The Killing Fields of Cheong Ek
At the hospital, everyone is moving or walking around in a small space. My khaki pants and shirt are wrinkled. I have a lighter in one hand and my cell phone in the other. When they let me in Nate’s room, the first thing I tell him is that I’ve decided to be more organized and focused.
“You dumb fuck,” he says.
But I’m serious. My ex-lover once said, “You’re not organized. Try to focus for once. Try to pay attention to other people around you.”
I sit in the chair next to Nate’s bed and we talk about motorcycles and music. He tells me again about the time he backpacked across Southeast Asia after college.
“People were bludgeoned,” he says. “Bones and skulls everywhere. Nobody killed with bullets.”
“They were all bludgeoned,” I say.
He laughs weakly. He tells me he hates the pudding in this place. He says he’d like to fuck the nurse.
“I’ll buzz for her,” he says. “Just wait. Her name’s Sweetbread, after a mushroom. Half black. No shit.”
I can’t bring myself to laugh with him.
When Sweetbread comes in he claims he suffers from a severe case of hypnagogia, which he says causes him to hear voices.
“It’s a female voice I keep hearing,” he says. “She keeps telling me to pick up prostitutes. Plus I’m having seizures.”
Sweetbread is writing something down on a clipboard, but she’s smiling.
“Try to get some sleep,” she tells Nate.
“In biblical times,” he says, “seizures were confused for demonic possession.”
We once rode our Harleys to New Orleans and stayed in a hostel for a week. The trip was supposed to keep me from being depressed. To cheer me up. We shared a room upstairs with three guys from Austin. At night we rode over to the French Quarter, then came back and sat in the backyard and got drunk with some of the others who were staying there. An old guy named Paolo played guitar and his girlfriend sang. At four in the morning we walked down the street to buy cigarettes and towels. The girl who worked the cash register looked like a gypsy.
“You guys look sad,” she said.
“I’m bi-polar,” I told her. “No meds. I’ve been up four days straight.”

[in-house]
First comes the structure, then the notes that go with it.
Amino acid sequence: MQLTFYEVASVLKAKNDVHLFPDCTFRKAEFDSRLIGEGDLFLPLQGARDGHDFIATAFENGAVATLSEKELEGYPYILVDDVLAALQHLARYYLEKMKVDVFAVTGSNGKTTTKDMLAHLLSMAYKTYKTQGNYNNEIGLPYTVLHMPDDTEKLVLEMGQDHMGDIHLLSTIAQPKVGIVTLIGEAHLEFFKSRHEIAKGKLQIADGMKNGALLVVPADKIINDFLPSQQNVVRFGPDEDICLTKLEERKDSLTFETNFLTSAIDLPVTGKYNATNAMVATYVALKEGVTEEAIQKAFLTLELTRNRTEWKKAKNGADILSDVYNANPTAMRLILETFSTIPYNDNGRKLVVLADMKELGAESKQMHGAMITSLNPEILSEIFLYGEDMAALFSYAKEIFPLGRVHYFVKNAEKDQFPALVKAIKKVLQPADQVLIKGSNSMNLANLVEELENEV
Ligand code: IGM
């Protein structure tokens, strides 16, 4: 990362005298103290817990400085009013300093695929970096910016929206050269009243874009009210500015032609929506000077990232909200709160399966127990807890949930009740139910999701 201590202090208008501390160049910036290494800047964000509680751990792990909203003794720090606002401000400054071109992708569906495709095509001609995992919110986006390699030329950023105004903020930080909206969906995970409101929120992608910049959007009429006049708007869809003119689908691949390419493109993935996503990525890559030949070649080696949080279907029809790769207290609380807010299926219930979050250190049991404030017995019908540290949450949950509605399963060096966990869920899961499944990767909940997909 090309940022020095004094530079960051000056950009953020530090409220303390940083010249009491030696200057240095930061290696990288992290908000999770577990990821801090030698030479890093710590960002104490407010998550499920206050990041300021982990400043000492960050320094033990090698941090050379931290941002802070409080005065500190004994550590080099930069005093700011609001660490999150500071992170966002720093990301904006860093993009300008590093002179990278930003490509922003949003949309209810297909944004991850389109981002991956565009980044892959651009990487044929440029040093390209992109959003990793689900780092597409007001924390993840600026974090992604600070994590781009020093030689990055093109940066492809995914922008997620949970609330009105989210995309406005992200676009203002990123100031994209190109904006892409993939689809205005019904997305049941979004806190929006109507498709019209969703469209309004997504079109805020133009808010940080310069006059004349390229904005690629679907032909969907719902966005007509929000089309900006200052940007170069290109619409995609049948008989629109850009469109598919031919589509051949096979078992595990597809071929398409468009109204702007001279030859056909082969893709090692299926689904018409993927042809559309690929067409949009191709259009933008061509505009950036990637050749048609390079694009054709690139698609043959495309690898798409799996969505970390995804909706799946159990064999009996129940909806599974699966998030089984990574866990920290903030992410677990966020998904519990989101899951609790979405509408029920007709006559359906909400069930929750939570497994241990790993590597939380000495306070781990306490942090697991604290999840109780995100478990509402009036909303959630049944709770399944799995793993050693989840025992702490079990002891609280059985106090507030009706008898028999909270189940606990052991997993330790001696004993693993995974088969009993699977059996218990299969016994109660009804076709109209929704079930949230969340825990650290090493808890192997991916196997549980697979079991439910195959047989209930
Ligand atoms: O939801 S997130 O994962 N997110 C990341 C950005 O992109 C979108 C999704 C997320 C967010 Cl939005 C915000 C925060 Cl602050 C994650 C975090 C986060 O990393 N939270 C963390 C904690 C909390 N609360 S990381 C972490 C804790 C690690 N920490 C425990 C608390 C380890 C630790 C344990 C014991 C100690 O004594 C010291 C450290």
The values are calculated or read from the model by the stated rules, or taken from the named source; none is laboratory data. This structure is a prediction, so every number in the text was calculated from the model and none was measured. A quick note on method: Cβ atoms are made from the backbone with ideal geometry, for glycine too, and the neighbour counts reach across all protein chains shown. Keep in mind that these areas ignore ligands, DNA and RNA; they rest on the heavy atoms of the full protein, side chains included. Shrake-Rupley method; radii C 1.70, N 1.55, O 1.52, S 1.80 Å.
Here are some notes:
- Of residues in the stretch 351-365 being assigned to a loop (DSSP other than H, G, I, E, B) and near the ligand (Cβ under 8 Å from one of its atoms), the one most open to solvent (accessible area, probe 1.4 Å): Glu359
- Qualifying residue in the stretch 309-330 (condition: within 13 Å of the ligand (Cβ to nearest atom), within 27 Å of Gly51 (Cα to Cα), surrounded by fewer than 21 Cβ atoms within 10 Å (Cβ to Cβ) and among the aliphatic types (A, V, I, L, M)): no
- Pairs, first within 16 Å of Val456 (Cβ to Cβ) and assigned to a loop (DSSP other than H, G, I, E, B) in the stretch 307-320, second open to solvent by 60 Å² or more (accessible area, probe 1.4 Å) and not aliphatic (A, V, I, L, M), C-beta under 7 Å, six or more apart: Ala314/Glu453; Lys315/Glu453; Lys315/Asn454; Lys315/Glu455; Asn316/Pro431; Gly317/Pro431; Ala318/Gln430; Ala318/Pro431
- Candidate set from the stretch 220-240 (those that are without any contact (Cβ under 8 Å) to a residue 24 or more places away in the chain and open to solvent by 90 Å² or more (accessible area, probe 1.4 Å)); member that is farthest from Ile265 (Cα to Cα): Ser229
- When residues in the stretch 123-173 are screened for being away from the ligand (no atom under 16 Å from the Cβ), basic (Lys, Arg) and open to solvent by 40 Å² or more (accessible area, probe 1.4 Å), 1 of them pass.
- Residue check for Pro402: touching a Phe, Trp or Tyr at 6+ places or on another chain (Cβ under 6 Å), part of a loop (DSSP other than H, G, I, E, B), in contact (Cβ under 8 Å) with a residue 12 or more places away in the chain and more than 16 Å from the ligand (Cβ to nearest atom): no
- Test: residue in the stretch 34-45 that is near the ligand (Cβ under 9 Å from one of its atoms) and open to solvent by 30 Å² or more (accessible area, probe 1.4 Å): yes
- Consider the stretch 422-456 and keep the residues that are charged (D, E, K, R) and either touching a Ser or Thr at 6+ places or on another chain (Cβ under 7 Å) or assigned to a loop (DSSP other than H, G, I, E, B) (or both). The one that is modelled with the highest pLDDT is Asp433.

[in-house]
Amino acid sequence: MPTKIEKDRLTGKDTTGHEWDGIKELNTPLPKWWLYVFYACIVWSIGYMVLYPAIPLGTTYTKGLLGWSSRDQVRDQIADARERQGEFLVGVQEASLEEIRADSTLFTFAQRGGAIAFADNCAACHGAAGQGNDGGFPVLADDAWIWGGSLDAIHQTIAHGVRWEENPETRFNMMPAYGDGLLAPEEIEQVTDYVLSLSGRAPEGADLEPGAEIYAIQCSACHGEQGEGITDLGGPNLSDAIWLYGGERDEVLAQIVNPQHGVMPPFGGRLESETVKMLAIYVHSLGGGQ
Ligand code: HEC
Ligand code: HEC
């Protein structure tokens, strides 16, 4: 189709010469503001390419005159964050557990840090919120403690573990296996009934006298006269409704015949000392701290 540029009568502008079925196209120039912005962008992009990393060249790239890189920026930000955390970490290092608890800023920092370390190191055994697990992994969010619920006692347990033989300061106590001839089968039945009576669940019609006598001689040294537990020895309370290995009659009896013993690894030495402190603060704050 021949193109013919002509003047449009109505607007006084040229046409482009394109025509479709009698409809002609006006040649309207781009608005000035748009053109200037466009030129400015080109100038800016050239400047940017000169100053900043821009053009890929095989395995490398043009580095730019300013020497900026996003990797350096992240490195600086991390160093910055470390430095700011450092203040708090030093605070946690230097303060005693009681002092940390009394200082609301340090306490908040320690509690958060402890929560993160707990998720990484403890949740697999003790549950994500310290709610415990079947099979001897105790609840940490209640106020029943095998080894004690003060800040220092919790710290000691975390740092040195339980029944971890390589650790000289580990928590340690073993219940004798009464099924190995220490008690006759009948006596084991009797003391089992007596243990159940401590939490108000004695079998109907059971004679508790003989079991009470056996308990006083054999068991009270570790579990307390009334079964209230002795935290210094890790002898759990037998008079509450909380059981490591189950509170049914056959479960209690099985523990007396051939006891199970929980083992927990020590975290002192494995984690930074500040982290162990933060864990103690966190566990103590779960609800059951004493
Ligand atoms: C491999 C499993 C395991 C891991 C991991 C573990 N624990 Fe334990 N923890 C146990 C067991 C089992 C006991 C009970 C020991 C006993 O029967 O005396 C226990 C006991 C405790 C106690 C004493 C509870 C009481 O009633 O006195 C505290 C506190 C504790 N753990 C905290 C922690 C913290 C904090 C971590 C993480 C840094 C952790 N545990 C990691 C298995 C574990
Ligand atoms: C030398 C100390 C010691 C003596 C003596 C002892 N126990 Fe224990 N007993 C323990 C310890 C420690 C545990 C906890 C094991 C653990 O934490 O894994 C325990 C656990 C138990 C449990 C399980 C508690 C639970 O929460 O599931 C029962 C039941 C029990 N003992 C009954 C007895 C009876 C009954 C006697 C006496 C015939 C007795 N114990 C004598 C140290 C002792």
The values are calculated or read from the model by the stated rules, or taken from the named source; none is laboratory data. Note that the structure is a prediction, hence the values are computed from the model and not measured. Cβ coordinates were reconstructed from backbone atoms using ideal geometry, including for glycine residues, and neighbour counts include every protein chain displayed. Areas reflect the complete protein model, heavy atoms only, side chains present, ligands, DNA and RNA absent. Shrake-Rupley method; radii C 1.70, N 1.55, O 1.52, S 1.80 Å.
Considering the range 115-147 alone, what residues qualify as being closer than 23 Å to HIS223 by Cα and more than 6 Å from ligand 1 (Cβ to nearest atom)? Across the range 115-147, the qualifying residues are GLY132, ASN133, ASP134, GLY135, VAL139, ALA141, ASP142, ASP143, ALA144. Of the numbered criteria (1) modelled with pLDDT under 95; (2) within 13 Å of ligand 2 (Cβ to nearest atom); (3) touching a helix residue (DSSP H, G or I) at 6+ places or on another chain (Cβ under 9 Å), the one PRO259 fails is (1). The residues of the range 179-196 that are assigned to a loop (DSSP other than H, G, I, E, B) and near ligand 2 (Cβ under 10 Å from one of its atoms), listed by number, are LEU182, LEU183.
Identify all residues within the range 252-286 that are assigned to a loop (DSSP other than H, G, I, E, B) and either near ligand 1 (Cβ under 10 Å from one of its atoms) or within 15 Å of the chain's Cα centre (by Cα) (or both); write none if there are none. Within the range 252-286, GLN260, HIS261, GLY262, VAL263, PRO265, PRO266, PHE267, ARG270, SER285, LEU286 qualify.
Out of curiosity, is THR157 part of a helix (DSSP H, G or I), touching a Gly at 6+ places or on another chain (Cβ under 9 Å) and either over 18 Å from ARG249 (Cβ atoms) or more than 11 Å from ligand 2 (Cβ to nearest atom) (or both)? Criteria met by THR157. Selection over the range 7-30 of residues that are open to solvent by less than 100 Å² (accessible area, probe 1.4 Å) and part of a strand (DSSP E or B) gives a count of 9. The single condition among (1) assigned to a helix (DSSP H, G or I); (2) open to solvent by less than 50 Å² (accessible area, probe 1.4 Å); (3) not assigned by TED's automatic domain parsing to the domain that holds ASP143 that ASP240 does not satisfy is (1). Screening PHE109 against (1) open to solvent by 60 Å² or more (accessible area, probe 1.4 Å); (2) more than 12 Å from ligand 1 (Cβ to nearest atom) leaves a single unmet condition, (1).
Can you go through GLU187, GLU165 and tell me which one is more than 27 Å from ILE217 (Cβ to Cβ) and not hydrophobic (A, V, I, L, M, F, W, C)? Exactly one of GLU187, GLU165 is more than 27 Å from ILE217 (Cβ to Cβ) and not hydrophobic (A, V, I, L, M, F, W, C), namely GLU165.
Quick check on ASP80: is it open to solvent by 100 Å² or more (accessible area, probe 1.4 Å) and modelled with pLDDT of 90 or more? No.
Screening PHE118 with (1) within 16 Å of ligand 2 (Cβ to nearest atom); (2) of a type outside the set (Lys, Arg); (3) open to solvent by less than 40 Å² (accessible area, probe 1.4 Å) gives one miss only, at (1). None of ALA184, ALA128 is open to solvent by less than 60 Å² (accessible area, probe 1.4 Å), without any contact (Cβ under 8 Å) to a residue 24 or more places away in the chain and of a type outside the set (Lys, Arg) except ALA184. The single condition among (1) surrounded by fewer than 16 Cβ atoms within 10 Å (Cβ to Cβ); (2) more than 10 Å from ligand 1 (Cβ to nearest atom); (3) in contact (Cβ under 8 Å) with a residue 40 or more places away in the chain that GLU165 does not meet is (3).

She didn’t laugh or say anything. We invited her to stop by the hostel but she never showed. We walked back and got high and watched “Car 54, Where Are You?” and I fell asleep sitting on the couch with my head resting against Nate’s shoulder.
Nate is telling Sweetbread about Cheong Ek. “You should see the killing fields,” he says. “Ride twenty hours in a bus, get out and see bones all over the place.”
“And skulls,” I say.
“That’s too depressing,” she says. “I’d be miserable.”
“I’m not really suicidal,” Nate says. “I just overmedicate.”
After she leaves, Nate says: “What’s the best thing I ever did for you?”
I try to think of something to say.
Back home I can’t sleep. I take my dog out for a walk downtown, past the bus station and corner shops. Behind La Cachette Bistro I share a joint with my friend Anthony, a cook who’s on break. We always talk motorcycles.
“You should get loud pipes,” he says. “You should get Samsons or some loud shit.”
“I want to ride somewhere,” I say. “Colorado or New Mexico.”
“You look sick,” he says.
Back home, I call Nate’s room.
“What the fuck is wrong with you,” he says.
“Nothing. I don’t know.”
It’s three in the morning. He says he hasn’t been sleeping but his voice is hoarse. He sounds tired. “Just come by in the morning,” he says. “They’re letting me leave soon maybe. Maybe I’m going backpacking in Southeast Asia. They need me there. The mountains in Laos are giant and dark green.”
I want to tell him he isn’t sick. One would think this would be the thing to do.